Cass Gilbert (1859-1934) was as prolific an architectural designer as he was talented.cass Generating more than 700 proposed or completed buildings, memorials, and plans for projects in America and on the international stage, he used a keen acumen and a sophisticated aesthetic sense in envisioning the built environment. After stints with McKim, Mead & White (1880-1882) and working in partnership with James Knox Taylor (1885-1891), Gilbert was able to move from St. Paul, Minnesota to New York when he received commissions for the Broadway Chambers Building and the United States Custom House. By the first decade of the 20th-century, he had secured a national reputation and had become entrenched in the circles of the architectural and social elite, enabling him to develop and expand his design skills and practice further. The scope of his professional life includes forays into every major building type: residential, ecclesiastic, commercial, transportation, and, to a large extent, civic buildings that grace many urban places today. His two best-known projects are the Woolworth Building (1910-1913) and the United States Supreme Court (1928-1935). Countless others are known to many in regional contexts, including:

  • Dozens of houses and churches in the St. Paul, Minnesota area (1884-1899)
  • Minnesota State Capitol (1896-1905)
  • United States Custom House in New York (1899-1907)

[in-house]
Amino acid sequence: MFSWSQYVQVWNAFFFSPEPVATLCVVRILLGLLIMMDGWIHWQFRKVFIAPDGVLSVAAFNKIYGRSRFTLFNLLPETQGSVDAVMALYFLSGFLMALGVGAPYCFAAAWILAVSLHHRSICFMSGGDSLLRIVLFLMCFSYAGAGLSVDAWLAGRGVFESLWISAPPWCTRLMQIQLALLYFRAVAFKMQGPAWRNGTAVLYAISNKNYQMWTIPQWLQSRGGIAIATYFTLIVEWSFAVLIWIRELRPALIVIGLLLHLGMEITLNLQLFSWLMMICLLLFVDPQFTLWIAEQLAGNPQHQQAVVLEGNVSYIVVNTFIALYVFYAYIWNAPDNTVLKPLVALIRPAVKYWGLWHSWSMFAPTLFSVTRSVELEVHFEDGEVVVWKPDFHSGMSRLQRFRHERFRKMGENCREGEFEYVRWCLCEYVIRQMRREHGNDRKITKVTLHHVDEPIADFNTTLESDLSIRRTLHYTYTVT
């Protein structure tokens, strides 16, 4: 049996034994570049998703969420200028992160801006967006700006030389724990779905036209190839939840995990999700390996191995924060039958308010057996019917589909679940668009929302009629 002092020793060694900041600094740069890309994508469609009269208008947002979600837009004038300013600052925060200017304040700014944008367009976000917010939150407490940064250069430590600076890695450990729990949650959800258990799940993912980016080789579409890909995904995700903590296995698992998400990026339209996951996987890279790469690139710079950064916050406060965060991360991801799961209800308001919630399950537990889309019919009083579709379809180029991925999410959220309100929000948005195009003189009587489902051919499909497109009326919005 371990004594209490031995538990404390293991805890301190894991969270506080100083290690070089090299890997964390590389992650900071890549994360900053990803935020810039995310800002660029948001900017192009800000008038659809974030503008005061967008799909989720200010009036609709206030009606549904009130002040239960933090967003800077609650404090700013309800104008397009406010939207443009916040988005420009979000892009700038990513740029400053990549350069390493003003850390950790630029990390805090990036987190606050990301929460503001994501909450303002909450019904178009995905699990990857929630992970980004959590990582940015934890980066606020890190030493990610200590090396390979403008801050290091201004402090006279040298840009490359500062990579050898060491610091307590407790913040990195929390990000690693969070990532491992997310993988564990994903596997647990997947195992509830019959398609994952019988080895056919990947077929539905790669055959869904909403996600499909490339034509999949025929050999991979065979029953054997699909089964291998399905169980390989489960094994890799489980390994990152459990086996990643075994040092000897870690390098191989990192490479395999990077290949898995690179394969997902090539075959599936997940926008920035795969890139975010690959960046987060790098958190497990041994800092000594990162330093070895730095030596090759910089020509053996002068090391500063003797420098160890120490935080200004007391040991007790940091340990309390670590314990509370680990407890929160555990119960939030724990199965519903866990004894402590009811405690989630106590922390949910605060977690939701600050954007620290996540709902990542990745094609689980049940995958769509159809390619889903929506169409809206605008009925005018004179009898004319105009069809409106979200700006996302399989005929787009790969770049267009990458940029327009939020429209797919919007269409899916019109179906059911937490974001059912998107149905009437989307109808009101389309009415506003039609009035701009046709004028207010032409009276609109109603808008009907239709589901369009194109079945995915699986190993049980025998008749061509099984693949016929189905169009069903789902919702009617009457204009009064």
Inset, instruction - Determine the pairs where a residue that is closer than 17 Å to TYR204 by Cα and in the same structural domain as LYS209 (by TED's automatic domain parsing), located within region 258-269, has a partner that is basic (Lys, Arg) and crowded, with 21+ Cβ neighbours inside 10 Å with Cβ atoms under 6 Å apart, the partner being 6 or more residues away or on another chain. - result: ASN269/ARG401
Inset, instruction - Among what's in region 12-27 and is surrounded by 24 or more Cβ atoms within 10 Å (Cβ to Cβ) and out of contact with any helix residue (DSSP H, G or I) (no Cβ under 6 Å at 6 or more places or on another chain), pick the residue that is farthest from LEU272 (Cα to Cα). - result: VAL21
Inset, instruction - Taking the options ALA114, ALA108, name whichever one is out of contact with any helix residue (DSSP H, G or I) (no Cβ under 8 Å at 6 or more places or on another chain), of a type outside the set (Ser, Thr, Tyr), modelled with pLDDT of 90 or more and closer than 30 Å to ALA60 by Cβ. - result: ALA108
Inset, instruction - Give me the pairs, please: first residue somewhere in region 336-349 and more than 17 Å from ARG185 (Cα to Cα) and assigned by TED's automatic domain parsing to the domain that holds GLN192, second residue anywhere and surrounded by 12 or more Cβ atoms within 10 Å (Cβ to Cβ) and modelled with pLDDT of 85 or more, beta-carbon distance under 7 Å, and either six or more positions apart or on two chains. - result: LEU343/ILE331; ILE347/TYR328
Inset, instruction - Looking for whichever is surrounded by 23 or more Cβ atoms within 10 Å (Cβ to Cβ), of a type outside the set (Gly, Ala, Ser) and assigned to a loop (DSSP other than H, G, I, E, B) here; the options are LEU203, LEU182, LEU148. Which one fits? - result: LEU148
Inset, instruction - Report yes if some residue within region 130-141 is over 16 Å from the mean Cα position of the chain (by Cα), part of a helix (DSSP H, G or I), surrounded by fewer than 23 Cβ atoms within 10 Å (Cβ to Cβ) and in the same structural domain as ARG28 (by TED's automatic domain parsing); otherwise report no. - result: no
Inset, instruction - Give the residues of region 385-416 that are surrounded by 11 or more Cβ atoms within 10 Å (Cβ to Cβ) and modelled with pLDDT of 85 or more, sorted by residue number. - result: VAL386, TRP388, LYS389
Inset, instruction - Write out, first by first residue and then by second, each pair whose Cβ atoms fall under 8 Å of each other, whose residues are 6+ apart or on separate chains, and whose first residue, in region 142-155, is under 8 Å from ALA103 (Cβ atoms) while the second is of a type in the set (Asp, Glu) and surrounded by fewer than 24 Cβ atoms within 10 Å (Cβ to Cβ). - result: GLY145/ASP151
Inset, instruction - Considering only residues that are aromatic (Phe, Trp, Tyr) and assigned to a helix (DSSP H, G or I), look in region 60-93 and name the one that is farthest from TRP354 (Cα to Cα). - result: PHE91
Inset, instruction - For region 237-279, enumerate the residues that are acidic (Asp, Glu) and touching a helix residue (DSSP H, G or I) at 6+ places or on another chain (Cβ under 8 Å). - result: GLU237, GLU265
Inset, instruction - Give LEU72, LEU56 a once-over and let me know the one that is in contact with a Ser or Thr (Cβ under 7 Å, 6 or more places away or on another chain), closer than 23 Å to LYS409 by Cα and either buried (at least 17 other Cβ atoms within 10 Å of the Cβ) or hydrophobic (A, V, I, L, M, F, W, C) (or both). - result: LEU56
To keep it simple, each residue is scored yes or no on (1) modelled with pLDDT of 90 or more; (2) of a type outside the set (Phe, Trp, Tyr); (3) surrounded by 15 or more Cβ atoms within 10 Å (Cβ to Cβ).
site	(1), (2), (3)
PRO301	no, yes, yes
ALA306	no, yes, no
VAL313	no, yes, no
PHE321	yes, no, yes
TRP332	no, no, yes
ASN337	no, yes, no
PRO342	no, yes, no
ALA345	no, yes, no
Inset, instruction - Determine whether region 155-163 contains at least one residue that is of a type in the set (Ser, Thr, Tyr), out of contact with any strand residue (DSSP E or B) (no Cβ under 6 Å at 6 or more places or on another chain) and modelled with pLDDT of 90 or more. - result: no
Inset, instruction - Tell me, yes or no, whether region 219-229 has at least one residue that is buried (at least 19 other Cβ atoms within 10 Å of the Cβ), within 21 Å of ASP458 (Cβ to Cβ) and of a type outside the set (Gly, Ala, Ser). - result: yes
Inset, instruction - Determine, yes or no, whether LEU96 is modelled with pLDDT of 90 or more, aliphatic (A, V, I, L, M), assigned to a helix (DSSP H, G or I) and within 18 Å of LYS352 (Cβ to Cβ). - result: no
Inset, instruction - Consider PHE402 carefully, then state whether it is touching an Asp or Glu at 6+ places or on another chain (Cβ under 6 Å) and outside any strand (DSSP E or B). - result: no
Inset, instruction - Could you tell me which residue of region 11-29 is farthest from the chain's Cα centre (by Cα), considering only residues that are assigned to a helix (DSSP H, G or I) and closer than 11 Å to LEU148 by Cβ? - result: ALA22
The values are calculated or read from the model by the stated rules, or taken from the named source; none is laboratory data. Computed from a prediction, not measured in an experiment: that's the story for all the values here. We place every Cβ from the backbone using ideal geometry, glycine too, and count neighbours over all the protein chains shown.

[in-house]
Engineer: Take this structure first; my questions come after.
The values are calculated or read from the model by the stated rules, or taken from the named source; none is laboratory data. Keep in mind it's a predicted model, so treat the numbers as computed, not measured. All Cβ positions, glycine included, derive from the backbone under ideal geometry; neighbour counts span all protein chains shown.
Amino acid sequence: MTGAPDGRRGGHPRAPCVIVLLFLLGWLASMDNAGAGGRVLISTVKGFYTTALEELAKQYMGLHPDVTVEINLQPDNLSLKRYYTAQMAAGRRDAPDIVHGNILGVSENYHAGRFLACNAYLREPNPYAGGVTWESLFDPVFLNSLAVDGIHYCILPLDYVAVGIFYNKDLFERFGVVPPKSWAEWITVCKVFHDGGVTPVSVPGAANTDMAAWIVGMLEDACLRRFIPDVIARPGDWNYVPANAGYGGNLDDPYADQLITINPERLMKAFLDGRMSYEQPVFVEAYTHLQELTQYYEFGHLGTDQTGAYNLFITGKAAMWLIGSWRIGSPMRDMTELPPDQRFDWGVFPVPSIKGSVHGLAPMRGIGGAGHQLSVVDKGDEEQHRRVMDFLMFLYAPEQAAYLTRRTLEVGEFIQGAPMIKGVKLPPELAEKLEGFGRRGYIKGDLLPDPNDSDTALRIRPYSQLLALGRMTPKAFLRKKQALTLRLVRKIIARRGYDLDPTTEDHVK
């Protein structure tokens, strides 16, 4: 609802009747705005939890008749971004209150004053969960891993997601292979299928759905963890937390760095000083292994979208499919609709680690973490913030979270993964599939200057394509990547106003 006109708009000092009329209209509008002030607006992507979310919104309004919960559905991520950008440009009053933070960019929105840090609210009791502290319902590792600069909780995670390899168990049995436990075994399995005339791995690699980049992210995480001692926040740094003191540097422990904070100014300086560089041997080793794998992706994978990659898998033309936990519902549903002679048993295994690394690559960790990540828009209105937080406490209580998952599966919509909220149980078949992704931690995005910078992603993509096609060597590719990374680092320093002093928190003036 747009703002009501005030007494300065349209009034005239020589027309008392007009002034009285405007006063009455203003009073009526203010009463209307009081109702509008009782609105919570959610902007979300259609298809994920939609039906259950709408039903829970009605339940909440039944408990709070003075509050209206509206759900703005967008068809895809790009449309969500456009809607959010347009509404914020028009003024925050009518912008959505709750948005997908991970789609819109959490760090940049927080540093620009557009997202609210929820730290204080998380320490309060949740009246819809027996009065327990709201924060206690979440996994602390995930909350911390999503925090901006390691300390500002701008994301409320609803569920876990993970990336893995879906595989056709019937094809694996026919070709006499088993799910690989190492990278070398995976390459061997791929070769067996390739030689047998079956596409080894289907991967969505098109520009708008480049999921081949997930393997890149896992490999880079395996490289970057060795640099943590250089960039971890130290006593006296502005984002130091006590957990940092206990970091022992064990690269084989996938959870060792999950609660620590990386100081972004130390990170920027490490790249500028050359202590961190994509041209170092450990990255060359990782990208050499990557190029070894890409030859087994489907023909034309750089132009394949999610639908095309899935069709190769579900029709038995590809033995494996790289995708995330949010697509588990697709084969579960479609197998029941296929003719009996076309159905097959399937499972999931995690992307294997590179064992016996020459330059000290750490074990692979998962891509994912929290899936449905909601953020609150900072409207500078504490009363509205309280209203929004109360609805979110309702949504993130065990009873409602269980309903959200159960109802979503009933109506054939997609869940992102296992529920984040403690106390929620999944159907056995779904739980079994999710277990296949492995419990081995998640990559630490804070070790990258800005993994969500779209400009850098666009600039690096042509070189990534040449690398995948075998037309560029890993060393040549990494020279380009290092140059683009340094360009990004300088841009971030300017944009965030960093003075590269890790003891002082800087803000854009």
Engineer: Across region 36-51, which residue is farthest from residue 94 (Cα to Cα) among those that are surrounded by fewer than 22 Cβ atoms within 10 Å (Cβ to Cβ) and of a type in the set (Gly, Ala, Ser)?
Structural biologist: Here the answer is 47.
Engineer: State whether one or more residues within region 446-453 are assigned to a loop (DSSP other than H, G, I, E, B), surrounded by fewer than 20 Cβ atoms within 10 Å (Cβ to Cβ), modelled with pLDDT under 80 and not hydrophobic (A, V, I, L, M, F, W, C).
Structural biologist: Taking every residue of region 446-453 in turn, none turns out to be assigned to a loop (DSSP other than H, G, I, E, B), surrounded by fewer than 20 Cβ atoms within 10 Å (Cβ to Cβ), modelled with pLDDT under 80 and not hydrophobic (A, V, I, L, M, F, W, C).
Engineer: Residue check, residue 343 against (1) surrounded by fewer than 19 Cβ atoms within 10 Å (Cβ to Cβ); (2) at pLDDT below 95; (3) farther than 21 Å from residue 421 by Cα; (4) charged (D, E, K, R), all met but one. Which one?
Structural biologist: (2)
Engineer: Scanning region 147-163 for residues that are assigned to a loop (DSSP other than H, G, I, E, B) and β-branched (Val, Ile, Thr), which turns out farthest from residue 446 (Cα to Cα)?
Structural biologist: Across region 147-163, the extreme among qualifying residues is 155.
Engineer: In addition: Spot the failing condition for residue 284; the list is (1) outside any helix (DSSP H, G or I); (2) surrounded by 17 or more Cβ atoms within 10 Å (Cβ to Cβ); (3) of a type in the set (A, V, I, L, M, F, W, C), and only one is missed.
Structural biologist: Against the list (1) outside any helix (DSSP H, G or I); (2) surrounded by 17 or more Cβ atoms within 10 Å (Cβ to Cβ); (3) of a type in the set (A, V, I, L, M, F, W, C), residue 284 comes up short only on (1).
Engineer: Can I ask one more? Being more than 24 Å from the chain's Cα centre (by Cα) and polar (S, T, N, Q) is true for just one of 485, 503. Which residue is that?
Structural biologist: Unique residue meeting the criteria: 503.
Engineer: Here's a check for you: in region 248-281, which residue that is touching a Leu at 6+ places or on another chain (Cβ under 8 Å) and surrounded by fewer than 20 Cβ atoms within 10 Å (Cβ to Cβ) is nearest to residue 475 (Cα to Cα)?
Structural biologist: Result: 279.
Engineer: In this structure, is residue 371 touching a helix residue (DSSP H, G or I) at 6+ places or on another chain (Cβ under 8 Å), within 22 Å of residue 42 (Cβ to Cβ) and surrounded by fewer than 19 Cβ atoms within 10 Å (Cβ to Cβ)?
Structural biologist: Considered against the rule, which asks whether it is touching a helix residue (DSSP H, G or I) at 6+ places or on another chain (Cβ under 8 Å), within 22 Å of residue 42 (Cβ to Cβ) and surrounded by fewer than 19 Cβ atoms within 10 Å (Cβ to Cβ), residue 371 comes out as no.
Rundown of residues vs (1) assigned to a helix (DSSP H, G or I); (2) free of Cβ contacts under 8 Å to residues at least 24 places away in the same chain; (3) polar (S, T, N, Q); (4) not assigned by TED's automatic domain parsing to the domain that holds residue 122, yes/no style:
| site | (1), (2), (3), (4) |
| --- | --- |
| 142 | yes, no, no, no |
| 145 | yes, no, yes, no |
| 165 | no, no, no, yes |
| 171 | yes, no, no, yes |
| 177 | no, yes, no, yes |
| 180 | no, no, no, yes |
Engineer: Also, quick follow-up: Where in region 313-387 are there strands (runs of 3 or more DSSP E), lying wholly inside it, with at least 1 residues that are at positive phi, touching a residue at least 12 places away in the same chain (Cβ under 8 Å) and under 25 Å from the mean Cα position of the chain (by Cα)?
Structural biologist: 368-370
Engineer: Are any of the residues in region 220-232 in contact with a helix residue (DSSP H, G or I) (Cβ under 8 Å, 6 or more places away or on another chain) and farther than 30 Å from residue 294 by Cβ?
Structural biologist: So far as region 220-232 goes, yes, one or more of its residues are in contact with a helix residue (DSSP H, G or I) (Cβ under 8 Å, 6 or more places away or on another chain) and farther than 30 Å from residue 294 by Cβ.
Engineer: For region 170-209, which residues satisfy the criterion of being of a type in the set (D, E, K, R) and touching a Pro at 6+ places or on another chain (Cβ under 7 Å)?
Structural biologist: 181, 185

• Saint Louis Art Museum (1901-1904)
  • Finney Memorial Chapel in Oberlin, Ohio (1905-1908)
  • Union Central Life Insurance Company Building in Cincinnati (1911-1913)
  • Detroit Public Library (1913-1921)
  • U.S. Army Supply Base, now known as the Brooklyn Army Terminal, (1918-1919)
  • West Virginia State Capitol (1924-1932)
  • United States Supreme Court, Washington, D.C. (1929 – 1935)
  • Federal Courthouse at Foley Square (1929-1936)
  • United States Legation, Ottawa (1928-1932)
  • comprehensive plans for state universities in Minnesota and Texas and elsewhere (1902-1920)
  • a group of civic buildings in Waterbury, Connecticut
    These and many other projects by Gilbert speak of a long and storied career that drew inspiration from the teachings of the Ecole des Beaux-Arts and historicist leanings as well as modern technologies and orientation in building.

B. Christen